week_of_seconds = 604800
    if (week_of_seconds - total_sec_remaining) < EVENT_DURATION:
        print("ITS HAPPENING!")
        text_areas[0].text = '{:>1}'.format(days_remaining)  # set days textarea
        text_areas[1].text = '{:>2}'.format(hours_remaining) # set hours textarea
        text_areas[2].text = '{:>2}'.format(mins_remaining)  # set minutes textarea

    # update every 30 seconds
If you run into any errors, such as "ImportError: no module named `adafruit_display_text.label`" be sure to update your libraries to the latest release bundle!

How it Works

The PyPortal Countdown is doing a couple of cool things to make your event display:


First, it displays a bitmap graphic named countdown_background.bmp as the screen's background. This is a 320 x 240 pixel RGB 16-bit raster graphic in .bmp format.


In order to calculate the countdown or count-up value, the PyPortal's CircuitPython code determines the local time by checking the internet time via the WiFi connection. It uses your IP address information to determine the local time. The good news is that once you've set up your timezone (or if the IP is fine) you do not have to adjust for daylight savings, leap years, etc.

In some cases, the time may not appear correctly based on your IP address, but don't fear! You can override that by manually setting the timezone in your secrets.py file. Plus, you can explicitly set your PyPortal to display a different time zone in case you have travel plans or a friend in Tokyo or something!

To do this, you'll add this line to your secrets file:

'timezone' : "America/Los_Angeles"

Here's a great list of valid timezones from the IANA Timezone Database. Head there to find the name of the one you want. Simply find the nearest timezone to your desired location, and use that name as displayed in the TZ database name column. 

You can adjust the following variables to make this work:


Keep in mind, you'll set these values based on your local time and location. So, for example, here's how I would set the weekly countdown for the Adafruit Ask an Engineer livestream. It plays at 5pm PST (I live in Los Angeles) every Wednesday and is one hour long:

EVENT_WEEKDAY = 2       # monday = 0 .. sunday = 6
EVENT_HOUR = 17           # in 24-hour time
EVENT_DURATION = 3600   # in seconds!
# Instead of messing around with timezones, just put in
# the *location* of the event, and we'll automatically set the PyPortal's
# time to that location. Then compute the math from there
# for a list of valid locations, see http://worldtimeapi.org/api/timezone
EVENT_LOCATION = "America/Los_Angeles"


Then, it displays the info with bitmapped fonts to overlay on top of the background. You can learn more about converting type in this guide.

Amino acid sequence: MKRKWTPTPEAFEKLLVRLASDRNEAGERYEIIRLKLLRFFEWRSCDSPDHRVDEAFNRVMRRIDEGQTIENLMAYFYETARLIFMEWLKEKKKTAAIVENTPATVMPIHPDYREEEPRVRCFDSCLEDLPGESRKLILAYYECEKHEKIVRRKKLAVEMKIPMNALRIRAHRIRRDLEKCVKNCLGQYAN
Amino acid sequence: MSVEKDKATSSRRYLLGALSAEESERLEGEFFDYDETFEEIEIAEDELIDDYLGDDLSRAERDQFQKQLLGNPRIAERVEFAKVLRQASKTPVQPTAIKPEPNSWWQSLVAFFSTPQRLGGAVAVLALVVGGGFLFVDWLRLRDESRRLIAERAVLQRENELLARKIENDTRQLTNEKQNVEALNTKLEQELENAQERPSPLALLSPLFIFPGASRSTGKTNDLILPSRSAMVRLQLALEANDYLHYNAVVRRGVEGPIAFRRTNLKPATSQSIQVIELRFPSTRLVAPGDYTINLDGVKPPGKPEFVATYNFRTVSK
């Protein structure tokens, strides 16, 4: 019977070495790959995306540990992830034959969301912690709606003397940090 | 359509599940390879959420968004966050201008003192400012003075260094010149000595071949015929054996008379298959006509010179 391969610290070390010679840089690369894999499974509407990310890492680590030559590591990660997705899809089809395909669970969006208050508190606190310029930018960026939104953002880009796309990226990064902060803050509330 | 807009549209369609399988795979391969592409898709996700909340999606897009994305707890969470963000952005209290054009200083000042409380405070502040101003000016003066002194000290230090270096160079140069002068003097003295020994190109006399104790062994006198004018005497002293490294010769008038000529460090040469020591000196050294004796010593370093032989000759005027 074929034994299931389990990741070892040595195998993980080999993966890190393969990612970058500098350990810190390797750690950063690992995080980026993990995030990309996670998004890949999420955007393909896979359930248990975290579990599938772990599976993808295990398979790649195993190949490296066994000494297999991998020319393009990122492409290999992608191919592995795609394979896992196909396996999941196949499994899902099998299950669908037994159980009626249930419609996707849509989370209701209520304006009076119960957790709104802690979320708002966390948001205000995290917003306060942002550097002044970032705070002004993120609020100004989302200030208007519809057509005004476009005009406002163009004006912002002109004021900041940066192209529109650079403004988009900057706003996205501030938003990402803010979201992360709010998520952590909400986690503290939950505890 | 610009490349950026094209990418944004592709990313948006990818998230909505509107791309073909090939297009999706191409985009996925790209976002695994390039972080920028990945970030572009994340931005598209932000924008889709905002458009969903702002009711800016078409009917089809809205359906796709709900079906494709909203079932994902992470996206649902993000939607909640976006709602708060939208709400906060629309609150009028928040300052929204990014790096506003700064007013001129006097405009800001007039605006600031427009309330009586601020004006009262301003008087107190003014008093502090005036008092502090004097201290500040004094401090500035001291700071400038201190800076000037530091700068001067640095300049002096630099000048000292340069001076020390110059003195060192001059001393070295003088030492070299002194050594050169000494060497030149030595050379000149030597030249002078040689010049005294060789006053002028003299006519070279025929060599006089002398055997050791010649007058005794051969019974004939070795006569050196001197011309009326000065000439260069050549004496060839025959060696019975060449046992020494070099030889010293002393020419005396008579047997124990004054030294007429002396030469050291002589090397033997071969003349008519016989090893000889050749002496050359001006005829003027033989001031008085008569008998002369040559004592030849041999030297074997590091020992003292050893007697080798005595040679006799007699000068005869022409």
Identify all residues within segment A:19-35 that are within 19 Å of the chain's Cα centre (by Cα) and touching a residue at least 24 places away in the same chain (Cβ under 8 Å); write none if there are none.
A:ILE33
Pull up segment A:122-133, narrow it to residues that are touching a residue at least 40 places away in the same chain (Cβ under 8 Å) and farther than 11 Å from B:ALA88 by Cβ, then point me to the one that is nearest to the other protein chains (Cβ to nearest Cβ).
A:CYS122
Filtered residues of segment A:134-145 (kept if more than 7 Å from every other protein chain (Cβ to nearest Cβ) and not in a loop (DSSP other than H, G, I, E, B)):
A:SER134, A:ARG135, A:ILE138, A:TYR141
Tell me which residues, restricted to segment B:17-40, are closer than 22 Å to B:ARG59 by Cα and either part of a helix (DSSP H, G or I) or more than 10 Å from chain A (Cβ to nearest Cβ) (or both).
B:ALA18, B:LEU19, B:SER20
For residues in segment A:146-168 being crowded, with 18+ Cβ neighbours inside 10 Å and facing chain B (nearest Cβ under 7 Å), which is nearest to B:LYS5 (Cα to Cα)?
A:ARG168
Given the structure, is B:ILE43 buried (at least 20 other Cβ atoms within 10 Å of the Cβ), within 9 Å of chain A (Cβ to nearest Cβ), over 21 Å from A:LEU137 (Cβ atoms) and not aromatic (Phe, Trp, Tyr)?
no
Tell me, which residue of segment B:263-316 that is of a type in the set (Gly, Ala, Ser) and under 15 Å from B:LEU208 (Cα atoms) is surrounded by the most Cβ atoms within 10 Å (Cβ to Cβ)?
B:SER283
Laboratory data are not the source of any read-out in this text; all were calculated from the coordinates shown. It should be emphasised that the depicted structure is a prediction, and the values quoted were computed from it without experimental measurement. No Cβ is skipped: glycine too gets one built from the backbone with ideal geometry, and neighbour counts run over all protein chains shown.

Now, the PyPortal will display the background and weekly countdown until it reaches the event! Then, it will display the second .bmp named countdown_event.bmp for the duration of the event.

Afterwards, it repeats all over again for the next week.


If you like, you can also customize the background for a different event, by making your own 320x240 16-bit RGB color .bmp file.

Then, adjust your setting to match the new event's time. In the case of the John Park's Workshop livestream:

EVENT_LOCATION = "America/Los_Angeles"


Let's have a look at how the code places the elements on screen. Below, we can see the text items that are displayed.

Text Position

Depending on the design of your background bitmap and the length of the text you're displaying, you may want to reposition the text and caption.

The PyPortal's display is 320 pixels wide and 240 pixels high. In order to refer to those positions on the screen, we use an x/y coordinate system, where x is horizontal and y is vertical.

The origin of this coordinate system is the upper left corner. This means that a pixel placed at the upper left corner would be (0,0) and the lower right corner would be (320, 240).

Text Color

Another way to customize your display is to adjust the color of the text. The line text_color=0xFFFFFF in the constructor shows how. You will need to use the hexadecimal value for any color you want to display.

You can use something like https://htmlcolorcodes.com/ to pick your color and then copy the hex value, in this example it would be 0x0ED9EE

So, in order to customize the position and color of the text, you would adjust the values in these lines of code in code.py:

days_position = (25, 212)
hours_position = (110, 212)
minutes_position = (220, 212)
text_color = 0x000000

3D Printed Stand

If you'd like to create a 3D printed stand for your PyPortal Countdown Clock, you can follow the general instructions in this guide, but use the horizontal PyPortal Stand model linked here.

Use the four sets of standoffs and screws to fasten them together as shown.

This guide was first published on Mar 13, 2019. It was last updated on Dec 08, 2023.

This page (Code PyPortal with CircuitPython) was last updated on Dec 05, 2023.